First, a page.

Assessments of externalizing behavior and IQ were made using the instruments described in Table 1. Assessments took place at time of entry to the studies, unless otherwise noted. In all cases where multiple assessments of either construct were available, they were standardized and averaged to yield a single score. Full-scale IQ scores in samples 1 and 3 were estimated based on scores from the administered subtests. IQ estimates of this sort typically correlate at approximately r=0.90 with full-scale IQ, even when based on a single administration; this is a common method for assessing cognitive ability while conserving time and resources.5,48 IQ is highly heritable and stable over time, so minor differences in time of administration relative to assessments of externalizing behavior should not reduce the sensitivity of our analyses.5,49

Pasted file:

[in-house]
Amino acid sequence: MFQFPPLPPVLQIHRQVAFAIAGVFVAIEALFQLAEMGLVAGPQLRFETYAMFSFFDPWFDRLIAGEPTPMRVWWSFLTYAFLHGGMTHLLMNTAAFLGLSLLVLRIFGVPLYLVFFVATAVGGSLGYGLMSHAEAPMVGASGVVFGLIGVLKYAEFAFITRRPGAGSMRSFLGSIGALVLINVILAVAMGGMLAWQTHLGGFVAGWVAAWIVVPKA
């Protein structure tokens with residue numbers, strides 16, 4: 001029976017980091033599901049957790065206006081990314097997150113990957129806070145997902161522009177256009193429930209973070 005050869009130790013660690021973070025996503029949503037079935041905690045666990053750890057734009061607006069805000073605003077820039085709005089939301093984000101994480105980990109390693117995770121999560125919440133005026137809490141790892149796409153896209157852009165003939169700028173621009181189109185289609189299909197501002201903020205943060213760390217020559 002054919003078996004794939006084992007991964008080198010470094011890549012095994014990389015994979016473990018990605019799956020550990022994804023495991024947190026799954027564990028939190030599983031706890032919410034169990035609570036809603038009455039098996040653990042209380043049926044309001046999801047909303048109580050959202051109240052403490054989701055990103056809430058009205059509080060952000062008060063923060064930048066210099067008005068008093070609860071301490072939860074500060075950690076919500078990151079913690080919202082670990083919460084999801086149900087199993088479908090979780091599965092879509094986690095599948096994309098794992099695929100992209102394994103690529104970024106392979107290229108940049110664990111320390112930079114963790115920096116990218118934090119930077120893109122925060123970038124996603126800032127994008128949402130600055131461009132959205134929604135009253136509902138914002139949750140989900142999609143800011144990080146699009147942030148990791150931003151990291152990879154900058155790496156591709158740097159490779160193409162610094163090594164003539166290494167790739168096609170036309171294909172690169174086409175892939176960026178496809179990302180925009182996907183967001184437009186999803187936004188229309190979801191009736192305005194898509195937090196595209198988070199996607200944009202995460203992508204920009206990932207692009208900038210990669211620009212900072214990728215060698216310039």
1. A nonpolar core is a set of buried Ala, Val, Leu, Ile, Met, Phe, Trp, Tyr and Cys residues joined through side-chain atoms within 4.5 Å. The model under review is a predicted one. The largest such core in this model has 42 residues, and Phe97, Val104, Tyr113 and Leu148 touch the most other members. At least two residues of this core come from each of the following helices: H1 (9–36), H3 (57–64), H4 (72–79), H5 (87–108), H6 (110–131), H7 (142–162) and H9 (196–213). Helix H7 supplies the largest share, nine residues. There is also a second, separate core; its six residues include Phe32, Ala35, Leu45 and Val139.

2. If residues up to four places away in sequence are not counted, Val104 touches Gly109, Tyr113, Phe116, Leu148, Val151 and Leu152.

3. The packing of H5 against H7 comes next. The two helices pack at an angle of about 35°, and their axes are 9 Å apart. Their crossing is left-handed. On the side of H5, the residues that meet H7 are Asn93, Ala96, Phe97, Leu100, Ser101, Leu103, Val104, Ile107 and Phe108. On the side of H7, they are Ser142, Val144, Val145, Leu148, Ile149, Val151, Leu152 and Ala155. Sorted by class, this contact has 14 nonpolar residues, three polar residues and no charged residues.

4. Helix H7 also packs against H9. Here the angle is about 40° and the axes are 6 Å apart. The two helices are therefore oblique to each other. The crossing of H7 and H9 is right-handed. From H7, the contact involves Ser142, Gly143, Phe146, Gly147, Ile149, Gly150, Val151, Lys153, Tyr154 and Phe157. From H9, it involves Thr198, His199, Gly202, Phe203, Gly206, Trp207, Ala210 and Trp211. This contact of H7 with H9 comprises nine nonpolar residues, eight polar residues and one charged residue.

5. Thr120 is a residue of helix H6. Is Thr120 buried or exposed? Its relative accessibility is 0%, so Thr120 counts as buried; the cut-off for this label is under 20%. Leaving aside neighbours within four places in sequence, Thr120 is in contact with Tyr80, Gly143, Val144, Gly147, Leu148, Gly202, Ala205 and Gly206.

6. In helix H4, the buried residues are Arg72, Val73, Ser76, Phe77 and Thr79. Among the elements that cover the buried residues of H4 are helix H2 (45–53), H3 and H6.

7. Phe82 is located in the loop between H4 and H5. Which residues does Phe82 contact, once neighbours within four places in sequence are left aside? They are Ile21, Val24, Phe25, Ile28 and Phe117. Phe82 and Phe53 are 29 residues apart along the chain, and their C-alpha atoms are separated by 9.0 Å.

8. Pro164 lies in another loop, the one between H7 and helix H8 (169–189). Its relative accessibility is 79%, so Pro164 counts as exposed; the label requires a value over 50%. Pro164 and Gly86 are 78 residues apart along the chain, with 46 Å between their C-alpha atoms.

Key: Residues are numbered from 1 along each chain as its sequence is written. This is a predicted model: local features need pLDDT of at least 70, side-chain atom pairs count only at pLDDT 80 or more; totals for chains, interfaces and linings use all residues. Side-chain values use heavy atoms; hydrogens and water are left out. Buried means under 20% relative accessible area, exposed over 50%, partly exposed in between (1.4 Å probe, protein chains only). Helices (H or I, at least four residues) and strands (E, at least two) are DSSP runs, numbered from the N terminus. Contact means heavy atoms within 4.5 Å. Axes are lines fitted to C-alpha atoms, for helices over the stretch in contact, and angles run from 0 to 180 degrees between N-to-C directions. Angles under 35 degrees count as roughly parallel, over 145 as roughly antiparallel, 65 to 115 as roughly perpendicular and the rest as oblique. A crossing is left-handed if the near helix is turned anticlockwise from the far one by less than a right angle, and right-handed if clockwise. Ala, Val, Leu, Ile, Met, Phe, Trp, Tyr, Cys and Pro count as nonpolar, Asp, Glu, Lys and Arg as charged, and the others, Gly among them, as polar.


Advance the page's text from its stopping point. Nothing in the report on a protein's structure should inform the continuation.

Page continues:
Figure 1 shows the main finding of interest, confirming in all 3 samples our hypothesis that possession of the DRD4-7 allele attenuates the association between externalizing behavior and IQ. Only in the DRD4-7–negative groups was there a significant negative correlation between these 2 variables. Because different instruments and assessment techniques were used in the 3 samples, the Schmidt-Hunter method of meta-analysis was used to calculate pooled effect sizes.50 Correlations between externalizing behavior and IQ were weighted by sample size and combined for each genotype group. The mean n-weighted (population-weighted) r for the DRD4-7–negative group (n=114) was −0.43 (P<.001), while for the DRD4-7–positive group (n=63) it was 0.02 (P=.45). These effect sizes differed significantly between the genotype groups (z=−2.99; P<.01). (All P values are 2 tailed, unless noted otherwise.)